They're all a little older than me, but I love reading the work of people like John Porcellino, Anne Thalheimer, and others, who started their comic work firmly within the world of zines. It means that their comics worry less about being a Comic (and all that it entails) and more about having a strong personal connection with the reader. I hadn't run into Zervakis' work, but thanks to John, I had the pleasure of reading this collection and savoring each page. (In fact, unlike most comics, I read this one in zine-sized chunks, to recreate the feel.) Running the gamut from personal stories to short writings to fictionalized accounts, Zervakis captures what it's like being a person who writes or draws their life for others to see. Working originally in pencil and ballpoint (which was recreated amazingly well by John in terms of the finished product), you can watch Jenny grow before your eyes as an artist, adding depth and clarity to her work as the years go by.

Deadwater by Jen Vaughn, Self-Published
It's so great to see Jen doing more work these days, as I loved Avery Fatbottom and her work in Cartozia Tales. This one-shot is set in the time when people needed guides to go West, and were reliant on them being trustworthy. In Deadwater, there's a bit of a cloud, as a young woman who is finding her own identity discovers when she peeks closer into her father's business. It's a dark tale with a great twist and a cool ending, and queer to boot. Jen's thick lines create flowing characters that work very well when she's drawing women especially, showing them as more than posing people. I also love her use of greyscale to better effect than others deal with full color. Not sure if this one is available anymore, but I love having it.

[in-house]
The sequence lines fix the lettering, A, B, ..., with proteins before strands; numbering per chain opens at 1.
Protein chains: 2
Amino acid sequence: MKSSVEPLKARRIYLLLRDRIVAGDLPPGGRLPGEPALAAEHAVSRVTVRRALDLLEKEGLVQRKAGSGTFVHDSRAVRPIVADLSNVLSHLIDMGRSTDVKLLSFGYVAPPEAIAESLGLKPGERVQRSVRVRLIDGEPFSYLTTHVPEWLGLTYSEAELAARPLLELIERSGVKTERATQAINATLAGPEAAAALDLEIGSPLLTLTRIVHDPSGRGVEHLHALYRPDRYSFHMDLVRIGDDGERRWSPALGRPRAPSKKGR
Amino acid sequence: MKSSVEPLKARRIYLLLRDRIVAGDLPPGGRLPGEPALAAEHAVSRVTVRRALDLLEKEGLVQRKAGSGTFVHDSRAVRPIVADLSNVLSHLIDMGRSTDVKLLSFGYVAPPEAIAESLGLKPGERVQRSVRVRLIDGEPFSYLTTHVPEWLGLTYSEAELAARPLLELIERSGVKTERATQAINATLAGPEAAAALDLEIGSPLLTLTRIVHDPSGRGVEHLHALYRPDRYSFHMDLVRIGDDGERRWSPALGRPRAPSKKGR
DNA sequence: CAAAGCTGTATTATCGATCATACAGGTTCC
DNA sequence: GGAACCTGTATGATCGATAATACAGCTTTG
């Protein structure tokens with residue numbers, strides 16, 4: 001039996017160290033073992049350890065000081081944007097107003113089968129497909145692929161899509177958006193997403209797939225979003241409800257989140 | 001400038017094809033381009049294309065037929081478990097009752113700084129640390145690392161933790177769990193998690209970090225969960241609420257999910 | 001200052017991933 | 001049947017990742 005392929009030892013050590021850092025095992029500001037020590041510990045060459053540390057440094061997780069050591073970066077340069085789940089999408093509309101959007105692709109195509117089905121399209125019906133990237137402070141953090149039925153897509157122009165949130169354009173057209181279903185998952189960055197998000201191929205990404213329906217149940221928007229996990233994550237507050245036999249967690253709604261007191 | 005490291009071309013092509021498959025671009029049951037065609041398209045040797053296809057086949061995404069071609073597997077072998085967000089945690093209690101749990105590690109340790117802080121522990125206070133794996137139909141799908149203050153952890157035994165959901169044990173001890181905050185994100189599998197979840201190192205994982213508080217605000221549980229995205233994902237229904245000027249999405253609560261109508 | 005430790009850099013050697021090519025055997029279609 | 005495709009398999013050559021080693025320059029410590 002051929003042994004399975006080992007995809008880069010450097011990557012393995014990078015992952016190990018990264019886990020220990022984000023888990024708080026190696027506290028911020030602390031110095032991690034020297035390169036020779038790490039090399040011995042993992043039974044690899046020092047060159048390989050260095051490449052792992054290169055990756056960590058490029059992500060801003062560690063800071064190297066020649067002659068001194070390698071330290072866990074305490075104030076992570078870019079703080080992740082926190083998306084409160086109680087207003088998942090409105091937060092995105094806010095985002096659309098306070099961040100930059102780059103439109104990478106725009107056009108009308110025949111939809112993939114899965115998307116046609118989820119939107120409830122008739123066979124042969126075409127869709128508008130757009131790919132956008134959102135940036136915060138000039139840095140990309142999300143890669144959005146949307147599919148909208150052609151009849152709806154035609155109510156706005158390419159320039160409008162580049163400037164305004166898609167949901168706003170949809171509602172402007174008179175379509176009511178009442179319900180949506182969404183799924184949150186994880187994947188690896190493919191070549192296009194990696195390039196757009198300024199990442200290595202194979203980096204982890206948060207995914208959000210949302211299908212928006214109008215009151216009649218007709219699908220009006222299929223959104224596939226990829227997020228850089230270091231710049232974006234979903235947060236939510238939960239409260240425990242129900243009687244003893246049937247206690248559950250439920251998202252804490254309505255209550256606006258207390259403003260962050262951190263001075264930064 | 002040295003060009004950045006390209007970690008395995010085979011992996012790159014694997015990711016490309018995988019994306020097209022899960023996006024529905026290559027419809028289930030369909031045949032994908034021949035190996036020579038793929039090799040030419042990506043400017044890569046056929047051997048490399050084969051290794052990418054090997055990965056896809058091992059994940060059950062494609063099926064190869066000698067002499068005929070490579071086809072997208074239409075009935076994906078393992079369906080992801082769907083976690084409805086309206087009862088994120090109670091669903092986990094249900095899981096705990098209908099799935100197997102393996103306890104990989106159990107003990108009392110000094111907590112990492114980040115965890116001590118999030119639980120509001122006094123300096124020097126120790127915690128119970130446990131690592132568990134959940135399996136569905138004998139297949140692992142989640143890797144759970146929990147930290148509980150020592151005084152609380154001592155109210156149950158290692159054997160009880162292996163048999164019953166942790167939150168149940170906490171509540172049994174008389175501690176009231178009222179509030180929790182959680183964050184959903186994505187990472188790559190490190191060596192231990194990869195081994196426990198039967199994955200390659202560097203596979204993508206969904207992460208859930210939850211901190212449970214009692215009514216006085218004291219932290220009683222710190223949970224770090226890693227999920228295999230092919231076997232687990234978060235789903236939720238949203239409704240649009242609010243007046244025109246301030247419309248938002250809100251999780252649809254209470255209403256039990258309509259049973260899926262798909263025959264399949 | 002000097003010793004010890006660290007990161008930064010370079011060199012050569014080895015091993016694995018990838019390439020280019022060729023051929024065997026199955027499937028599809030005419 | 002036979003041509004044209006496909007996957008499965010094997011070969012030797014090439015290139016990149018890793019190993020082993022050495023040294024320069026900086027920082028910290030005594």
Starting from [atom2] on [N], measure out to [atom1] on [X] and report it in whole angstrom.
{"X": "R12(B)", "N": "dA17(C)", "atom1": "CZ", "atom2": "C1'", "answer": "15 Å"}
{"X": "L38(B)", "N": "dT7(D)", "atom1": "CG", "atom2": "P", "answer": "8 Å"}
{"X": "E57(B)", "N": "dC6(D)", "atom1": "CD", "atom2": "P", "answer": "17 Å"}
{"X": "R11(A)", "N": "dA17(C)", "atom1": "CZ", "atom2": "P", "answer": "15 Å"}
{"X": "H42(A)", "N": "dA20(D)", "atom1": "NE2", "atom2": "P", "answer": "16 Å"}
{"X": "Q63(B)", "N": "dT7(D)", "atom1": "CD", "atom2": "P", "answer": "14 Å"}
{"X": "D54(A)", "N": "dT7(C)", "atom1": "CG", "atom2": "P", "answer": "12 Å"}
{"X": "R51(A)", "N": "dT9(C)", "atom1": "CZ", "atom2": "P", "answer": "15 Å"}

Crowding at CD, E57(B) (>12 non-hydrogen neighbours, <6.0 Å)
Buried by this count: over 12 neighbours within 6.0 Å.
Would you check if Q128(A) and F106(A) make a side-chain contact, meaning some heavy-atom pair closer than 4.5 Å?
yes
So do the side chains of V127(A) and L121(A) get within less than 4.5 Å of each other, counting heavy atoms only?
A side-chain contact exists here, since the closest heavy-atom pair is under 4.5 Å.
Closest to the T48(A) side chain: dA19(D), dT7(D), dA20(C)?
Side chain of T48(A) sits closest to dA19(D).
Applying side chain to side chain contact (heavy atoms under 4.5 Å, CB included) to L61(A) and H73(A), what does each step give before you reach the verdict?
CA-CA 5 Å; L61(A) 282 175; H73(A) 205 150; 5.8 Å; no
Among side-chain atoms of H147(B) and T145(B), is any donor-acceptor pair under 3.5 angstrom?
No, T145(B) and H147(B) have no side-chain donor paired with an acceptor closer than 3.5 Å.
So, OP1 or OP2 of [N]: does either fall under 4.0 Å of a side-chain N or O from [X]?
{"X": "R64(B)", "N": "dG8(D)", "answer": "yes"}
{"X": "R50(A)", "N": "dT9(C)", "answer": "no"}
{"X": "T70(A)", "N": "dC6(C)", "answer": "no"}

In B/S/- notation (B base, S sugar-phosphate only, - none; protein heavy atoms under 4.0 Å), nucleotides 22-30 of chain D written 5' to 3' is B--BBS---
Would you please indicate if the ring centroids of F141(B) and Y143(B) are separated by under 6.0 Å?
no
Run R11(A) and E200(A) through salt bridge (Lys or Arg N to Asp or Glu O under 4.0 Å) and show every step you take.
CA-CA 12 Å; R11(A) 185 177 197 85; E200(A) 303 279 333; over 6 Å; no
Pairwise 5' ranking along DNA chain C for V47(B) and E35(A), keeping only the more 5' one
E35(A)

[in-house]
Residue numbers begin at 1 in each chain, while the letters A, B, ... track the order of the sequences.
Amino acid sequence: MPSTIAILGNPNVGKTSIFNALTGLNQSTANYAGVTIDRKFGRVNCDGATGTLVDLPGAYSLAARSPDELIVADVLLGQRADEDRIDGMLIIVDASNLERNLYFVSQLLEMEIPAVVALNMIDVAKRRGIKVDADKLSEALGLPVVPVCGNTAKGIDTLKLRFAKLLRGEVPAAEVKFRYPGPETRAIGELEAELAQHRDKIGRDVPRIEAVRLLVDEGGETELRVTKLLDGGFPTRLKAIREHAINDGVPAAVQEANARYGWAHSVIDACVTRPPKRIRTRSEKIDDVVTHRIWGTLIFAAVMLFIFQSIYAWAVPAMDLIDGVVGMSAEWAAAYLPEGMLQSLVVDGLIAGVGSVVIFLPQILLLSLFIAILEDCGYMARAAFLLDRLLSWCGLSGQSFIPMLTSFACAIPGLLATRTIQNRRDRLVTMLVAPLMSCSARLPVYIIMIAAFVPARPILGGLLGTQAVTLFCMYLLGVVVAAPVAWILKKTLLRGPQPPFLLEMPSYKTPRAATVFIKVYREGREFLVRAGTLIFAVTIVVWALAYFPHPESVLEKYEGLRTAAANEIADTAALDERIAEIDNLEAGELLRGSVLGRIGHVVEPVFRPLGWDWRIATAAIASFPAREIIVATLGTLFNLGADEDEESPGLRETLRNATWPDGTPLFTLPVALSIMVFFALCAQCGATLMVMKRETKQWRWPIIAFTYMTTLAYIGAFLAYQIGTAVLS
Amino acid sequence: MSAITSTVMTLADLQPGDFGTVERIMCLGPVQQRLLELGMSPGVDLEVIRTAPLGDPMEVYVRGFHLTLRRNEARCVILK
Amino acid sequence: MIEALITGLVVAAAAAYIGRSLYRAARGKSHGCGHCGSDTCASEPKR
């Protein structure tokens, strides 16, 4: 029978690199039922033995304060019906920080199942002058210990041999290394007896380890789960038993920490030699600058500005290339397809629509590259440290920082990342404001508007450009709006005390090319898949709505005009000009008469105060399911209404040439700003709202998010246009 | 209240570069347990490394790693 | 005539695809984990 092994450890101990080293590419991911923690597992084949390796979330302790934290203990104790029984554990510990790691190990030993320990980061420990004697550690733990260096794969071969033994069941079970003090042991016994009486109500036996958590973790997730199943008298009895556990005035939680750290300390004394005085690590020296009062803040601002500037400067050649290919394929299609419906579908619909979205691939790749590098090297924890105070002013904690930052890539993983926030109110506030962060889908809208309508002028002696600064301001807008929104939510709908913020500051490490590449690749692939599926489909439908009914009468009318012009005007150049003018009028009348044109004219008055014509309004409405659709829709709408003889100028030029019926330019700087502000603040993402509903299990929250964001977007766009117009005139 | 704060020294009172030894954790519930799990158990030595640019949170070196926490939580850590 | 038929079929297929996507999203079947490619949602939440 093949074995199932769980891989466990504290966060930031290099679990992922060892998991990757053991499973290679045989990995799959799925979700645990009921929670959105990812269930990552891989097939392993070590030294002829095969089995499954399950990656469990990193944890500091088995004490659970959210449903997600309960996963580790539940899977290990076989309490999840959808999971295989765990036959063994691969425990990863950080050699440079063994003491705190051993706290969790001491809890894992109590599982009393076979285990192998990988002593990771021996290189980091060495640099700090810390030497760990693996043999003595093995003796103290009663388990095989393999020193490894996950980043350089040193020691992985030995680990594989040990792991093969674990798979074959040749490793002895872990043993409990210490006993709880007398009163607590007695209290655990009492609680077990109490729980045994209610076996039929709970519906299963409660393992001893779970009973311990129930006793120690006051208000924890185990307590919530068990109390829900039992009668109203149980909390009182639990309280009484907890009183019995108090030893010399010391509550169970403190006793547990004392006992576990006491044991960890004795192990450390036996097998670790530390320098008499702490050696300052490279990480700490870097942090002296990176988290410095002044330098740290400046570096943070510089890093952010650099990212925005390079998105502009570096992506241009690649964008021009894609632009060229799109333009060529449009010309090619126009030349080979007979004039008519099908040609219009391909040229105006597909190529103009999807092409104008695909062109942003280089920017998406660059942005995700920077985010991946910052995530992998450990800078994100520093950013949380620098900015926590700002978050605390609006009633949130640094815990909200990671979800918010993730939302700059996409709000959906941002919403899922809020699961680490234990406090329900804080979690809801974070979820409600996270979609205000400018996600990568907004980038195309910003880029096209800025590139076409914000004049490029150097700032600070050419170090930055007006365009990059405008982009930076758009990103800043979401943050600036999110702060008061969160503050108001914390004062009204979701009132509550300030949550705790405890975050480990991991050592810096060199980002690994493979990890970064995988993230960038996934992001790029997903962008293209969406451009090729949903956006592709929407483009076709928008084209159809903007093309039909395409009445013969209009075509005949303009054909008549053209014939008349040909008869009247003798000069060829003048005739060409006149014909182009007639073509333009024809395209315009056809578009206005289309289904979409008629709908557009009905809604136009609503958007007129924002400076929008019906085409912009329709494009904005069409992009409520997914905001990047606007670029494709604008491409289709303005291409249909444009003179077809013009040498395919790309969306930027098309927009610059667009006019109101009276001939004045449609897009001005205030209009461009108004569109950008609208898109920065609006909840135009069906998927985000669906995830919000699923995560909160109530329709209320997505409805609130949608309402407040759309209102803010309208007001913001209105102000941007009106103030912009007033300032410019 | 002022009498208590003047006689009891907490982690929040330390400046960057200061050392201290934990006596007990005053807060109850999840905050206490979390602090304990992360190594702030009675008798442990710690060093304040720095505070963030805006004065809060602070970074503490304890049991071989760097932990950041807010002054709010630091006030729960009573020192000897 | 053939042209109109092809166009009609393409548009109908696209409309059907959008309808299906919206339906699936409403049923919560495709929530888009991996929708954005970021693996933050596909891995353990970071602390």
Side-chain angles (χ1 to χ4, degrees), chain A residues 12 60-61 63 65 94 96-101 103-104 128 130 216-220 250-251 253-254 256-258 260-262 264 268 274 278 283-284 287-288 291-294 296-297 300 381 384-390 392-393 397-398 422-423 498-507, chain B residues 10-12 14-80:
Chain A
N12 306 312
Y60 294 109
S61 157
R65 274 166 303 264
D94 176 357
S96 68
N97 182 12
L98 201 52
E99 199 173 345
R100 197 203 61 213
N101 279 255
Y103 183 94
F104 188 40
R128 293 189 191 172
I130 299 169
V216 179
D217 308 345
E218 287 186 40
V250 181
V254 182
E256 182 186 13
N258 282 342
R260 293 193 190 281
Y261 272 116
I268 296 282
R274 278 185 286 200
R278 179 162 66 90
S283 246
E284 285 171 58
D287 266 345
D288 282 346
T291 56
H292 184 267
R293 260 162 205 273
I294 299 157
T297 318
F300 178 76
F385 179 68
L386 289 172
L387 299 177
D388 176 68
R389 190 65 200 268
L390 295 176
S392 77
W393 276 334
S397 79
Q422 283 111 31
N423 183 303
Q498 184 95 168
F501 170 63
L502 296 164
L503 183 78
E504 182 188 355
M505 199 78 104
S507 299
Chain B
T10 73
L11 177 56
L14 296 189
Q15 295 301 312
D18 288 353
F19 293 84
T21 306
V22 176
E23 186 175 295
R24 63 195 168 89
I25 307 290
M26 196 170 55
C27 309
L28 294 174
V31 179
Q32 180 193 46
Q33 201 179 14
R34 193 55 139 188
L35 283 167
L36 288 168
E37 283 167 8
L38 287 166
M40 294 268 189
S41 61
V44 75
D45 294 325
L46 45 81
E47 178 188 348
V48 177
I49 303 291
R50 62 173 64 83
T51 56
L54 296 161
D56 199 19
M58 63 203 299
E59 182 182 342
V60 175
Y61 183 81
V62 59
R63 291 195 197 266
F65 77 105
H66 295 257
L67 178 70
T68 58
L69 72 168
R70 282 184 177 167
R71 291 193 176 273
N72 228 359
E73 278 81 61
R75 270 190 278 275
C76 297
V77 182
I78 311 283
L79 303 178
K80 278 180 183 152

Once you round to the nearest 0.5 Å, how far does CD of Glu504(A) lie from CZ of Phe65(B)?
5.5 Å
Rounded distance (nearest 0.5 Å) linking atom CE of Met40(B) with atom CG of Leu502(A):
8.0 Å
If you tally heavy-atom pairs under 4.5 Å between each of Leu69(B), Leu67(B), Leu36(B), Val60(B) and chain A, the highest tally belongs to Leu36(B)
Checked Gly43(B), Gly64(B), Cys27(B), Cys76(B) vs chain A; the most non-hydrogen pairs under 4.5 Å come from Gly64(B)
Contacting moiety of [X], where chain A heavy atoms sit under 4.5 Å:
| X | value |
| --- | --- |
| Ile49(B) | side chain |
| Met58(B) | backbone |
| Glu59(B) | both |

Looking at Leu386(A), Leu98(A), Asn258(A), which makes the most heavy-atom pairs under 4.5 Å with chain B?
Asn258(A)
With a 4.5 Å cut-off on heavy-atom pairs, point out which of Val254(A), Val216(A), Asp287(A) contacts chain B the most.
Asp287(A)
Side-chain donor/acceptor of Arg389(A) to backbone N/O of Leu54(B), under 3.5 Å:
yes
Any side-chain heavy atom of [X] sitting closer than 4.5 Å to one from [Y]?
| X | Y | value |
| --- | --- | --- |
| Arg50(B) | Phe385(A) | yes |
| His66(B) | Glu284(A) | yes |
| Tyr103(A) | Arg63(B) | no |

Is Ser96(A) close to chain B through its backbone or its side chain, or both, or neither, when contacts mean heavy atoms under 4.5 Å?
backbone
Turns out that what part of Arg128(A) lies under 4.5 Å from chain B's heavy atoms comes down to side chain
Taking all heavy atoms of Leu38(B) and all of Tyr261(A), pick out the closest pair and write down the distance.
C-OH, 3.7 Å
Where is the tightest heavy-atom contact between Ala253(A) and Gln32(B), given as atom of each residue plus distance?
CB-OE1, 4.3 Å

I Am Not Okay with This by Charles Forsman, Published by Fantagraphics
Quite possibly no one writes disturbed youth characters as well as Chuck does. From the now-adapted End of the Fucking World to this latest work, it's clear that he's able to tap into that level of frustration and hurt that we all experienced, taking it down the darkened roads that we only imagined instead of acting on. (If you never, ever had a dark, violent thought in your life, I envy you.) Given the freedom of the comic page, Forsman can even take it into the land of the fantastic. Sydney, drawn to look a bit like Olive Oil, is a queer teen of 15 stuck in a world that seems to hate her and a family dynamic that makes it worse. Add on top mental powers that she can barely control, and Sydney's life is a tragedy waiting to take place. Forsman creates a high school of the worst kinds of people, drawing them in all shapes and sizes that again have that newspaper strip look to them, adding to the impact of the violence. Sparse backgrounds set the seen as we watch things go from bad to worse for Sydney in one of Chuck's best books--so far.

In Between by Mita Mahato, Published by Pleiades Press
I'm still new to the idea of poetry comics, but I like the concept a lot--another work will show up on a later favorites list--and why some might say, "How does that differ from a regular comic?" the answer is as distinct in my head as it is hard to describe. Some day, I'll write a post on it. The short version is for me that just as how words can shape a poem and do more than they do as prose, so does the mix of visuals and text come together in ways that are unique to creating a poetry comic vs a traditional comic, regardless of how experimental it is. Using paper cutouts to create a three-dimensional effect like the webcomic My Cardboard Life by Phillipa Rice, Mahato even uses unrelated text to form images within her work. Ranging from cut-out space ships to static objects used to make human-shaped bodies jarring, Mahato made my favorites by being distinctive from anything else I read in 2017. I look forward to more from her.

Language Barrier by Hannah K. Lee, Published by Koyama Press